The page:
Percutaneous pulmonary valve implantation (PPVI) is recognized as a feasible and low risk alternative to surgery to treat dysfunctional right ventricular outflow tract (RVOT) in usually pluri-operated patients. Evolving technology allowed to develop different kind of prosthesis and to go from an initial treatment exclusively of stenotic conduit to an actual approach extended also to wide native RVOT. The Melody transcatheter pulmonary valve (TPV) and the Edwards Sapien valve are nowadays the most commonly implanted prostheses. However, other devices have been developed to treat large RVOT (i.e., the Venus p-valve, the Medtronic Harmony TPV, the Alterra Adaptive Prestent, and the Pulsta valve). Indications for PPVI are the same as for surgical interventions on pulmonary valve, with limits related to the maximum diameter of the available percutaneous prosthesis. Therefore, an accurate preoperative evaluation is of paramount importance to select patients who could benefit from this procedure. The overall periprocedural mortality incidence is around 1.4%, while freedom from RVOT reintervention ranges from 100% at 4 months to 70% at 70 months, according to the different published studies.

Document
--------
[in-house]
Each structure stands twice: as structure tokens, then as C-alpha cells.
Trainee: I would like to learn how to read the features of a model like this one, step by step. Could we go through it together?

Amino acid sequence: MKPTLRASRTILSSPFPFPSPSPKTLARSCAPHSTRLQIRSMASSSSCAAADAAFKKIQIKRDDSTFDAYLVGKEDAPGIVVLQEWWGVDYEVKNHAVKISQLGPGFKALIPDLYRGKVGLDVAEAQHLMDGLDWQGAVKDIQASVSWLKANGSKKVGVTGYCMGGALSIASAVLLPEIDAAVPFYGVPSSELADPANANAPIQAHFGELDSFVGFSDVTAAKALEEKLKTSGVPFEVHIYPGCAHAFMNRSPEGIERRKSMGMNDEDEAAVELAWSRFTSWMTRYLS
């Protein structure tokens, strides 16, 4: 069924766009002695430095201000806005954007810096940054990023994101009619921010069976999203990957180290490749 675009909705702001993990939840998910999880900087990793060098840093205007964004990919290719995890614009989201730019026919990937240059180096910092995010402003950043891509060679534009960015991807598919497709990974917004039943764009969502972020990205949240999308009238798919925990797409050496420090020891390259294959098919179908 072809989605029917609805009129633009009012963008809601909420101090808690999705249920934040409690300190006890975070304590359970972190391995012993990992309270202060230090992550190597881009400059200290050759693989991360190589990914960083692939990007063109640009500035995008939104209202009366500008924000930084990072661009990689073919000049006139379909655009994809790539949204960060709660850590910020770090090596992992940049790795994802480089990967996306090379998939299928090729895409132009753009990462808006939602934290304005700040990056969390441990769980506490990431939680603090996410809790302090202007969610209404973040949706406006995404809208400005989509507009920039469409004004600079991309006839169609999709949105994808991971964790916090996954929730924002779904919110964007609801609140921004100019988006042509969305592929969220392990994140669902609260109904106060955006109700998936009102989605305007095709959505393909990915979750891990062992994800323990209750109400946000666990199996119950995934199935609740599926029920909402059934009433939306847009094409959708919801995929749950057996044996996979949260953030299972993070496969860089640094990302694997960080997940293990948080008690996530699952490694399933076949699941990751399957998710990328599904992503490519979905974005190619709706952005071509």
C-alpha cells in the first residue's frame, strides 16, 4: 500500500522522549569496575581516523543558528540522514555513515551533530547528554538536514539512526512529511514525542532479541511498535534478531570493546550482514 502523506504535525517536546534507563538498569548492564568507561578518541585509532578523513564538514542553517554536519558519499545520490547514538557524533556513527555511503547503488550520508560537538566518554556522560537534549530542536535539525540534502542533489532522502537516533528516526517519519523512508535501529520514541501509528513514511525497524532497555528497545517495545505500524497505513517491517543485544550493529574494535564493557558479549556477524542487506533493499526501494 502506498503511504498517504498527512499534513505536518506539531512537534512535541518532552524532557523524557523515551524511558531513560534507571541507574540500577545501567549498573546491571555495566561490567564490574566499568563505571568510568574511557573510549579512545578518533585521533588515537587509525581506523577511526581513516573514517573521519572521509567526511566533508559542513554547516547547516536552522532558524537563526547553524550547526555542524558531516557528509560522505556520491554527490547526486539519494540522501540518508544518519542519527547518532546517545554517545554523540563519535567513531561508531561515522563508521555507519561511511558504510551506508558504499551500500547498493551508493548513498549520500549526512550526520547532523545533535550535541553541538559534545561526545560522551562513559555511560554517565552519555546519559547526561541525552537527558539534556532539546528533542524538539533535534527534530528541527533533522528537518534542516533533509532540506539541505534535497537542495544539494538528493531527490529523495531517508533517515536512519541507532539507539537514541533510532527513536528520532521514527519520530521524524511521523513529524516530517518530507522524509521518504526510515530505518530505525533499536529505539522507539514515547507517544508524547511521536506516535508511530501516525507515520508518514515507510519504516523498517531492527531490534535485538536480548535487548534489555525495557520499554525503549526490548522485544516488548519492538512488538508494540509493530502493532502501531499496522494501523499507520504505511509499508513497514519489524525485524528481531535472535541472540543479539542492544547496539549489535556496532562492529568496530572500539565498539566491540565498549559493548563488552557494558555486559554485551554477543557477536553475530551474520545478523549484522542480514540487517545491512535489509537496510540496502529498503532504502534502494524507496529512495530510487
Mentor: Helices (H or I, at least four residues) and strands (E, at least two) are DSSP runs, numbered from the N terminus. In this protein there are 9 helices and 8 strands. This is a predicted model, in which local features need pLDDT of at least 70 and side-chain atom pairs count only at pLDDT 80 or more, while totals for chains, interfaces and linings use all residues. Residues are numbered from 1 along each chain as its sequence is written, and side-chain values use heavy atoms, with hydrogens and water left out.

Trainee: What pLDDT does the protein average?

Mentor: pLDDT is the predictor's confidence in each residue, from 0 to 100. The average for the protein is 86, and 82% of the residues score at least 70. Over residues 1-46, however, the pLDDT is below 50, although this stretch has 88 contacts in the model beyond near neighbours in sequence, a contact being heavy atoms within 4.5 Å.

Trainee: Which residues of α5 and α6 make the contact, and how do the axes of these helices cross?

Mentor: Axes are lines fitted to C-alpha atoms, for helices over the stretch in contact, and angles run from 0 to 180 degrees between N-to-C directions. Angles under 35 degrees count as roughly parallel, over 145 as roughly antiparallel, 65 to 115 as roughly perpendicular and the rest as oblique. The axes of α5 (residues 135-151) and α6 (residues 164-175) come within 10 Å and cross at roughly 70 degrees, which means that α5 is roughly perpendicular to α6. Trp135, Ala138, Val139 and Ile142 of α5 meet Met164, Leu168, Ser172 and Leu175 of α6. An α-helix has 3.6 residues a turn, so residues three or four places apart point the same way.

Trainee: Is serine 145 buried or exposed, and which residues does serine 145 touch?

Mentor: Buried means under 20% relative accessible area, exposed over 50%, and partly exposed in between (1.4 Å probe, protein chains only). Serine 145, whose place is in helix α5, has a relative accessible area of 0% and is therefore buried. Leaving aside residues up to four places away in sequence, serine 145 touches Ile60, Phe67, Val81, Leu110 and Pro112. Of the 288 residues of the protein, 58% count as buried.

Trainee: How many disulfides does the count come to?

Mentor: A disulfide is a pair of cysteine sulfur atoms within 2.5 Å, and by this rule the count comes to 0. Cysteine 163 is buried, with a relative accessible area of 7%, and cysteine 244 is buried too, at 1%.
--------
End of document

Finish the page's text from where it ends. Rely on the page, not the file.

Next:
- Congenital heart disease
- Percutaneous pulmonary valve implantation
- Transcatheter procedure
ASJC Scopus subject areas
- Internal Medicine
- Cardiology and Cardiovascular Medicine